(Note: This photo of a kingfisher chick about to fledge from a hole I watched for the nesting season comes from my amazing photographer friend Kate Davis!)
When I chat about my kingfisher passion, the one fact that raises the most eyebrows is the nest. A stick nest in a tree? No. A hole in a tree like a woodpecker? That’s closer.
Both male and female kingfishers use their dagger bills followed by their stubby feet to dig a long slightly uphill tunnel into a vertical bank. The tunnel can be four feet or even up to 10 feet long before ending in a comfy football-sized burrow big enough for seven chicks. The entry hole is about the diameter of a tennis ball with a similar circular shape, but a bit squished.
I’ve watched a pair of belted kingfishers on Rattlesnake Creek in Missoula seek out their homes every spring since 2009. Like careful home buyers, they test out old holes and newer ones, and often just opt for a new piece of real estate on the bank to dig a fresh home for the season.
Ever since visiting the cliff dwellings at Bandelier National Monument, I’ve been struck by the similarity of homes, especially after spotting one hole at Bandelier among the dwellings that looked like a kingfisher nest. One way to tell if you’ve found a kingfisher hole is to look for furrow marks at the hole entry that marks the comings and goings of birds as they incubate eggs and feed nestlings.
Check out the hole from the Rattlesnake Creek kingfisher bank in Missoula. Note the furrow at the entry. Then compare the nest with the hole in the cliff at Bandelier National Monument:
Hiking downstream from the cliff dwellings on Frijoles Creek to a waterfall, I found a belted kingfisher nest bank.
To know the birds share the same canyon as the Pueblo people did added to the serendipity of the discovery.
Watching kingfishers at their nest hole on Rattlesnake Creek, I often wondered what it would be like to BE a kingfisher and nestle deep inside the burrow. Would it feel too dark or just snug and familiar? Surely, the view from the hole would be superb with the creek rushing below and the alders and willows shaking their limbs in a wind dance.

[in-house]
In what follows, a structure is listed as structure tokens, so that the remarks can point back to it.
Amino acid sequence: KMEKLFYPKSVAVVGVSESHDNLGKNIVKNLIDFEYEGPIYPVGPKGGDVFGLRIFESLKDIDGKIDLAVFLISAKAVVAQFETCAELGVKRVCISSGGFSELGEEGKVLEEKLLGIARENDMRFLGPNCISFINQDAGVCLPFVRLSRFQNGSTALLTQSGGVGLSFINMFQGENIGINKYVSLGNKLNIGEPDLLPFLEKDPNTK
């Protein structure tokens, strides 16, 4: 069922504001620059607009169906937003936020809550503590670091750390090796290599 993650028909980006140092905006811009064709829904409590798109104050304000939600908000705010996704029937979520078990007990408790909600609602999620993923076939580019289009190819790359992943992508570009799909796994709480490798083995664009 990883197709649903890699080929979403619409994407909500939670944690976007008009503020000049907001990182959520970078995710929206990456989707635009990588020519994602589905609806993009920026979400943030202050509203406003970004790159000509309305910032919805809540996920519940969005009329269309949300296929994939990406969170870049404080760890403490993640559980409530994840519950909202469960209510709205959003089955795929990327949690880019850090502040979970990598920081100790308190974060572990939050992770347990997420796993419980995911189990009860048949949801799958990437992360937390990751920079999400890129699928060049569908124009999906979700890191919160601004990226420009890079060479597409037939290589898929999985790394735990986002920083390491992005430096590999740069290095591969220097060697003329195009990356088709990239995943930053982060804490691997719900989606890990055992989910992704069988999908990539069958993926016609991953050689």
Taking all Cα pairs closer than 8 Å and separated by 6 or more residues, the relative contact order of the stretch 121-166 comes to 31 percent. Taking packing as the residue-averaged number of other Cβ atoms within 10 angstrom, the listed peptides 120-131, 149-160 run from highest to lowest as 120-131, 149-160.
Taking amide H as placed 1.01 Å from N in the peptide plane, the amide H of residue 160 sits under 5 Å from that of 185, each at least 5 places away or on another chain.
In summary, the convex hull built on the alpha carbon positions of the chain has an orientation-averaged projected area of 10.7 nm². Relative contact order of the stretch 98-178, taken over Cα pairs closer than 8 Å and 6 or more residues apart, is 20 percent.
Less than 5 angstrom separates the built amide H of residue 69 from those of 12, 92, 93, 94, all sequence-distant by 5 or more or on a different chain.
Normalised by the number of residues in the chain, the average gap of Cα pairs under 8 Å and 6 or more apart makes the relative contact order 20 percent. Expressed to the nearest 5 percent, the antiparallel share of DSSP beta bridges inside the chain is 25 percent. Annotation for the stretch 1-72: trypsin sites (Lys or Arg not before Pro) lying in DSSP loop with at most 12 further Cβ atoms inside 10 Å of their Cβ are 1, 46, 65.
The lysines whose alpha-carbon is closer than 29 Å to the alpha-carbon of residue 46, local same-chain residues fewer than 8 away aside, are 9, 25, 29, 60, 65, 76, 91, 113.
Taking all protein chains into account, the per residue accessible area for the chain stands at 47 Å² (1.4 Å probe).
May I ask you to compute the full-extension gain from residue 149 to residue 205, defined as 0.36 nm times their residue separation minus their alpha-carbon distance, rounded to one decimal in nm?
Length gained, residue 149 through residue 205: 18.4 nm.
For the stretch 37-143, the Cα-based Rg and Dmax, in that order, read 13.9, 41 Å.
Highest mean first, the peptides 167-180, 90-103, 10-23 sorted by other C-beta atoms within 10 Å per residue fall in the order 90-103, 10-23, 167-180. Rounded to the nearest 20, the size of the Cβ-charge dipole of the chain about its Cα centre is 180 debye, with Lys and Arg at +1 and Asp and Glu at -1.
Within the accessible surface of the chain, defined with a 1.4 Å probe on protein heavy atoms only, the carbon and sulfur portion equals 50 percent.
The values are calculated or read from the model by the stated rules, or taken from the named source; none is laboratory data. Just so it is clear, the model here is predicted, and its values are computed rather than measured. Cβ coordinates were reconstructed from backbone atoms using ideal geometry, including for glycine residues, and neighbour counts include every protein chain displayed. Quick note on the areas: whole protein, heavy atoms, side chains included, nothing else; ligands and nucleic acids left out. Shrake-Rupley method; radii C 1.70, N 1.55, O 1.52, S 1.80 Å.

I had my chance to test out some of the feeling by climbing inside a cliff dwelling at Bandelier and peering out. Inside, the smooth rock floor felt cool. The rim of the entry framed the sky, ponderosas, and Frijoles Creek below. I felt bird-like, safe, and happy as long as I could see the light.
Ah the light. Deep darkness can feel scary and claustrophobic. Yet, there at the interface of dark and light, of cliff and sky is both safe and freeing at the same time. At my back is retreat from heat and danger. At my front? The world unfolds at the height of a soaring bird.
Since leaving Bandelier in mid-August, my journeys with Sandra Murphy across the country have added more fodder to this idea of home. We shared a tent, visited native plant garden homes for birds and butterflies, and watched a changing cultural landscape in New Mexico, Texas, Oklahoma, Arkansas, Tennessee, North Carolina and Virginia.
As I live more the life of a bird on the wing these days, what better time then to consider the nature of home and to appreciate the intersection of nature and human design.
From afar, my patient boyfriend Steve Loken (green builder and creative thinker extraordinaire) offers insights that add depth to the journey. He contemplates how we’ve lost our way from living with simple sufficiency to beyond our means. Nature can guide us back to where we belong, as we find ways to restore what we’ve taken.
More ahead on a journey of hope…just back from an inspiring trip to Baltimore, where Audubon staff and neighbors are returning street corners, parts of parks, backyard patios and more to native plants that are giving life to migrating birds and connecting people to their home countries in Latin America.